Emilio Botin transformed Santander from regional Spanish lender into global giant. He was a merger mastermind who usually got the upper hand. With slicked-back hair and red tie, he flew in a private jet, conferring with presidents and prime ministers as easily as bankers and chief executives. Yet unlike many of his peers during European banking’s boom years, Botin also had a cautious streak. It is that, rather than his swashbuckling style, which allowed him to keep his grip on Santander until his death at the age of 79.
When he replaced his 83-year-old father as chairman in 1986, Spanish banking was still a sleepy industry. Botin innovated and consolidated, luring customers with high-interest current accounts while merging with domestic rivals. Yet he did more than ride a growth wave. He was early to spot the opportunity in South America, and identified the importance of information technology, keeping computer systems in-house even as rivals embraced outsourcing.
Europe’s single market gave him another chance to expand. Santander swallowed Britain’s Abbey in 2004, and spent the next few years sizing up potential partners. Rather than attempt a merger, however, Botin put together a breakup bid for ABN Amro, enabling him to cherry-pick the Dutch bank’s best assets. Santander’s two partners – Royal Bank of Scotland and Fortis of Belgium – collapsed and were nationalised. The Spanish bank emerged bigger and stronger than before.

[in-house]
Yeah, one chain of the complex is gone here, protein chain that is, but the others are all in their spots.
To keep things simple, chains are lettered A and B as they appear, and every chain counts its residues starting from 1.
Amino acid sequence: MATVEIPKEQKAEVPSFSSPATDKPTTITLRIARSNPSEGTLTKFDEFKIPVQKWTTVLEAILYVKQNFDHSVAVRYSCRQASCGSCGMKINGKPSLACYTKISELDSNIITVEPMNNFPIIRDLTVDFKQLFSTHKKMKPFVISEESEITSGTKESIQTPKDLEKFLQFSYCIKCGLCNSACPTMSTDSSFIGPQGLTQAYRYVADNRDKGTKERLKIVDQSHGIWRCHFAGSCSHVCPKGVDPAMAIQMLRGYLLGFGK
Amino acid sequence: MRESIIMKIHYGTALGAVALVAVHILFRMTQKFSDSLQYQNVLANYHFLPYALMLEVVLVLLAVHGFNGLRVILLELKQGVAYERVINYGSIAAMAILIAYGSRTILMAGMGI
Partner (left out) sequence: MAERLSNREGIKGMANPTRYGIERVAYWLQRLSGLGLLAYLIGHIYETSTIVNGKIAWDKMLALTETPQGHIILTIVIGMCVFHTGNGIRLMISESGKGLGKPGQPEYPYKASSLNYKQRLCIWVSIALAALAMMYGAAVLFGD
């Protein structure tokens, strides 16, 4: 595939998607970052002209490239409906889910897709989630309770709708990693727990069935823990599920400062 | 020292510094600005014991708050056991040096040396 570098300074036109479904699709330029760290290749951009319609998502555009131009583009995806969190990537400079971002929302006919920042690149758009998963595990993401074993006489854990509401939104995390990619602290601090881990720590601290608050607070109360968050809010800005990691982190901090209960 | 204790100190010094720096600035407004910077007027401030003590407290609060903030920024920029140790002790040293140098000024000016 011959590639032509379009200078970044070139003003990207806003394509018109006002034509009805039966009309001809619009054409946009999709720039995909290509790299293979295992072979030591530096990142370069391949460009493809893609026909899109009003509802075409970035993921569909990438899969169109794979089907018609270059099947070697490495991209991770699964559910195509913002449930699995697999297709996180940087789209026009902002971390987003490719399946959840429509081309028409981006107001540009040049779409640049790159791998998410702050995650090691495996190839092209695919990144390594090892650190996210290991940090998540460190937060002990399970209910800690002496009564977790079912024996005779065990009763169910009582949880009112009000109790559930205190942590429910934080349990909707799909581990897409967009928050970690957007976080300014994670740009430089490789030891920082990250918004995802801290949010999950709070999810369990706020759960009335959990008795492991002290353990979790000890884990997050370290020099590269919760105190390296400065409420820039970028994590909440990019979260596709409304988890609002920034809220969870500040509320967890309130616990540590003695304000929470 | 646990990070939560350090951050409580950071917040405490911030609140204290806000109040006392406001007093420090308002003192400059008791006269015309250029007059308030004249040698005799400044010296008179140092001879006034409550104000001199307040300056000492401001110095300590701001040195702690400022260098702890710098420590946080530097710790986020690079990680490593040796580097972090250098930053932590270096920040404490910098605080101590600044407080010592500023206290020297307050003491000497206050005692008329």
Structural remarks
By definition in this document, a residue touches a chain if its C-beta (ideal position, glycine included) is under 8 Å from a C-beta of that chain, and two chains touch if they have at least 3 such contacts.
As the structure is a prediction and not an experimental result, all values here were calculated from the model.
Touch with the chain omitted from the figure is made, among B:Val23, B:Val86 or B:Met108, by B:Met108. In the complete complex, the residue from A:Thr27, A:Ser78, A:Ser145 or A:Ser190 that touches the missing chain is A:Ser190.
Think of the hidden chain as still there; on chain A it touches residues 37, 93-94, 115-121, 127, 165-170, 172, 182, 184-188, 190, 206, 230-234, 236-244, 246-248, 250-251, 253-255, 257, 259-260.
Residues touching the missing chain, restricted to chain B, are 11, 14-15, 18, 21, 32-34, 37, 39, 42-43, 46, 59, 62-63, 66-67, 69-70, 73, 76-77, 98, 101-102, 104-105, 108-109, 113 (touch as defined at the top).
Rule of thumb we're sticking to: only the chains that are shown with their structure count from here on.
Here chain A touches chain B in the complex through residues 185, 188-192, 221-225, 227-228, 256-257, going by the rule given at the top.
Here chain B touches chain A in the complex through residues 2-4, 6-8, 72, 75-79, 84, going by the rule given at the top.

The collapse of Spain’s real estate boom and subsequent euro zone meltdown presented Botin with an even bigger challenge. Santander probably owes its survival to the European Central Bank’s determination to keep Spain in the single currency, and to the group’s good fortune that it did not build up a big investment bank. Yet Botin also deserves credit for never allowing his sizeable ego and desire for growth to provide an excuse for reckless lending. Shareholders have given him that credit. Santander shares have delivered a total return of 90 percent in the last decade, versus a negative 13 percent return for the Stoxx 600 banks index.
Botin encountered some scandal. Santander’s fund management arm invested with Bernard Madoff, while long-serving Chief Executive Alfredo Saenz stepped down following a criminal conviction. But Botin hung on, protected in part by control of board seats that far exceeds the family’s small shareholding. That may help ensure that another Botin, his experienced daughter Ana Patricia, succeeds him.
As European banks retrench, Botin’s style may belong in the past. It seems unlikely that another Spanish financier will enjoy the same rise. But his ability to combine risk-taking with deep caution will remain an important lesson to bankers everywhere.